Recently, I’ve begun to discover some blogging-like strategies that actually work within the corporate context. Not by creating an internal blog and spamming everyone in the company, nor by trolling corporate interest groups with linkbait. Instead, there are some simple strategies for boosting awareness of tech comm within the corporate context. The strategies require some writing effort and can put you out of your comfort zone, but the formula essentially follows the same strategy for awareness on the web, which is to create relevant content and share it with those around you on a regular basis. Following this formula, others in your company will be aware of doc resources, what you’re publishing, upcoming features, how your group works, your doc challenges, strategies, and more. If you follow these strategies, your group and documentation will be much more visible to those around you.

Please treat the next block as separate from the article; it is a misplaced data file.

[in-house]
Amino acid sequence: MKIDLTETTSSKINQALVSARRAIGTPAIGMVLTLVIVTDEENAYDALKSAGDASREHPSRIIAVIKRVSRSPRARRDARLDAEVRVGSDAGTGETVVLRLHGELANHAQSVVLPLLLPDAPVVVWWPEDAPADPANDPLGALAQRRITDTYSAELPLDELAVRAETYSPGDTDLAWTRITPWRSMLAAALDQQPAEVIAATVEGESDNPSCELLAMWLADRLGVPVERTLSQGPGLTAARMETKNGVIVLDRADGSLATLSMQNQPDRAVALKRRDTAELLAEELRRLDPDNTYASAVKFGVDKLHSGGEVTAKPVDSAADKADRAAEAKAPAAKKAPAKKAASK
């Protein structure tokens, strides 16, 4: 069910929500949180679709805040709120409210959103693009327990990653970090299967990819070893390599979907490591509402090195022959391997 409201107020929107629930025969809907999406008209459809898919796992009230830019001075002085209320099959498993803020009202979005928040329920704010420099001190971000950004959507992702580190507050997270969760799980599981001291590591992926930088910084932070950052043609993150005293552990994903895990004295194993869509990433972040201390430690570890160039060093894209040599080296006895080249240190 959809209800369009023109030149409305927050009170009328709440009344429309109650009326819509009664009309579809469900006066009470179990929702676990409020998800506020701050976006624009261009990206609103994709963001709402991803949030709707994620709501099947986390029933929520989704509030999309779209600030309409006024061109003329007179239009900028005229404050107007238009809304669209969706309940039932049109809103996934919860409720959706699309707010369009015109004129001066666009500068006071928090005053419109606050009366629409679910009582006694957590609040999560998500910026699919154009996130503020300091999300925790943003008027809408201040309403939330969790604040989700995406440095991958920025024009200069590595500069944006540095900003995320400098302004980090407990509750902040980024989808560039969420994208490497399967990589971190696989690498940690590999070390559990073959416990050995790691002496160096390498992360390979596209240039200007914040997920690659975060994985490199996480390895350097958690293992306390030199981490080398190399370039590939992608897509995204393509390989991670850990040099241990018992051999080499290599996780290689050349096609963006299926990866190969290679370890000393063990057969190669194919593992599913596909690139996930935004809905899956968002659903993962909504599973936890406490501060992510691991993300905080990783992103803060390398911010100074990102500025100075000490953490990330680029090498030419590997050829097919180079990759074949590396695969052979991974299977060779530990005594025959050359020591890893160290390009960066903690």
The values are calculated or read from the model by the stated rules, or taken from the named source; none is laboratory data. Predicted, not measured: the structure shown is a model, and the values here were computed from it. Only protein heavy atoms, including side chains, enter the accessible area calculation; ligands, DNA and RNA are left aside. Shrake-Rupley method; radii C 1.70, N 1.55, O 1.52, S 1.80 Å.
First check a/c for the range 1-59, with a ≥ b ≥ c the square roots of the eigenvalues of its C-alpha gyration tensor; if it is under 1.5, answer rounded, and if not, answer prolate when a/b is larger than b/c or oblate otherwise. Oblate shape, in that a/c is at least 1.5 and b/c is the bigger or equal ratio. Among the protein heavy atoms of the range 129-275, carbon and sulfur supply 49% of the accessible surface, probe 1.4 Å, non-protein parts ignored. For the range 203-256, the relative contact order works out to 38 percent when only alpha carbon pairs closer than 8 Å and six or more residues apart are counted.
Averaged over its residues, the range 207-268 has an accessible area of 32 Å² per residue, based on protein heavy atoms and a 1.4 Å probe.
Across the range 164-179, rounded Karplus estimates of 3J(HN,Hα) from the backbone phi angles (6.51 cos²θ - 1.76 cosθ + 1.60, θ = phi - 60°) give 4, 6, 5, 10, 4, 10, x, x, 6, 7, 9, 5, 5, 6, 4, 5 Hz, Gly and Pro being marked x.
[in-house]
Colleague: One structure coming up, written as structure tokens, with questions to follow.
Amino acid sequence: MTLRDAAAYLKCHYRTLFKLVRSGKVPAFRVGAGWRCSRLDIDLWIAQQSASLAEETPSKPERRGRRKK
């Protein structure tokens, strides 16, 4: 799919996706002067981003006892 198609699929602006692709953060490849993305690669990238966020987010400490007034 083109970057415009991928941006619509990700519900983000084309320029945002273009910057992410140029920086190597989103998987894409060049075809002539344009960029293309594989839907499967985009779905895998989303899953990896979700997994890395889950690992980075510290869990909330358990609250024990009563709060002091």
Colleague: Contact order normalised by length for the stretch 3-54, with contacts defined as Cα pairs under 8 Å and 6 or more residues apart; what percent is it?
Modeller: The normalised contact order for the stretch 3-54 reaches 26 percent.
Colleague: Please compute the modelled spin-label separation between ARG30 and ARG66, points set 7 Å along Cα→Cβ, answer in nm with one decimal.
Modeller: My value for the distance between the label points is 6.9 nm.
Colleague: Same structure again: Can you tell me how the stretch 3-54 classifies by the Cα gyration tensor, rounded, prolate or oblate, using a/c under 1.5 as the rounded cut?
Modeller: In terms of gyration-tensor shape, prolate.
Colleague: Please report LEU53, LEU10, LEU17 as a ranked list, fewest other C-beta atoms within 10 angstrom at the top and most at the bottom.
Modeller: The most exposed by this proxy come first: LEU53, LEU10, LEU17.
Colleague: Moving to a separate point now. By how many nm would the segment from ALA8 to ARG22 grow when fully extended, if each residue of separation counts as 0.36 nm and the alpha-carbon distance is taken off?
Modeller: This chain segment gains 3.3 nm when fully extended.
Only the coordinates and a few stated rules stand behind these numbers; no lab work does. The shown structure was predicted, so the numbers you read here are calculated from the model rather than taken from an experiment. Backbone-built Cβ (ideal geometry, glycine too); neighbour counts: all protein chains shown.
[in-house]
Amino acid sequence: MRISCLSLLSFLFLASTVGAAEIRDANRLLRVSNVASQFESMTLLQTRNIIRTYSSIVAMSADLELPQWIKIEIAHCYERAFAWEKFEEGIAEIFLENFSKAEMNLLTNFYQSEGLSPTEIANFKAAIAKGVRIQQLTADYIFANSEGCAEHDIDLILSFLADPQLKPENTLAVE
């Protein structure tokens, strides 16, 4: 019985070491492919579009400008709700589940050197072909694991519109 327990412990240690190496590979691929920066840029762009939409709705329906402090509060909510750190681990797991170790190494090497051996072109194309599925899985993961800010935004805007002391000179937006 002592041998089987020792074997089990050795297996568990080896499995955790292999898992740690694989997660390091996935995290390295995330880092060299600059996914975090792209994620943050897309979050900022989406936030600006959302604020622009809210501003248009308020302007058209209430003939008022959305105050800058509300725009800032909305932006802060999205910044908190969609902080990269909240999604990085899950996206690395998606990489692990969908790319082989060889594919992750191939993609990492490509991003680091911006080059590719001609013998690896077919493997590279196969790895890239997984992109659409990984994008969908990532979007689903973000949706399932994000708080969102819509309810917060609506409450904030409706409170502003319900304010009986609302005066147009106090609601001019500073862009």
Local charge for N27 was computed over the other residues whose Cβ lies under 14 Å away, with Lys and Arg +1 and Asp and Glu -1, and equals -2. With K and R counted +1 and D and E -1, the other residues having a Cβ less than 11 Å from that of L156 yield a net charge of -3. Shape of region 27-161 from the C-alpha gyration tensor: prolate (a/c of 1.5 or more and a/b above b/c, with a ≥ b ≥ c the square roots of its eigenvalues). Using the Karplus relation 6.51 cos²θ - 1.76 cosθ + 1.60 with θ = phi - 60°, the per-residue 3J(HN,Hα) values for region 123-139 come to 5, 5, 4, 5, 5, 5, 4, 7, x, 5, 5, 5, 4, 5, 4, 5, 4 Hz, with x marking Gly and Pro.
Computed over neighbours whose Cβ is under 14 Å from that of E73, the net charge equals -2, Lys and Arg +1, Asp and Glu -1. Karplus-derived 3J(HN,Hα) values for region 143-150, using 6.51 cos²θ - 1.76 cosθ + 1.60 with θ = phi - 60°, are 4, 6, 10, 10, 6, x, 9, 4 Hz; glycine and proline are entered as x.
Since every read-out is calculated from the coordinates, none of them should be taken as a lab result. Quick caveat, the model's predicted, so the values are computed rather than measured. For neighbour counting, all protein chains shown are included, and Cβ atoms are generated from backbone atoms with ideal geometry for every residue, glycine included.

In this series, “A hypothesis about influence on the web and the workplace,” I want to lay out my hypothesis a bit more and explain the approach. Many of my ideas are in flight, so don’t expect everything to be tried and tested over a long period. This is something I’m experimenting with, and there are clear challenges in applying the same practices on the web to the workplace. I invite you to share insights with me, either in the comments or through my contact form.

Influencers on the web

On the web, many people who have neither qualified expertise nor a prominent office/position can nonetheless exert a lot of visibility and influence. These people are often referred to as “influencers” or “micro-influencers” (to describe smaller, more niche audiences). Ki and Kim explain: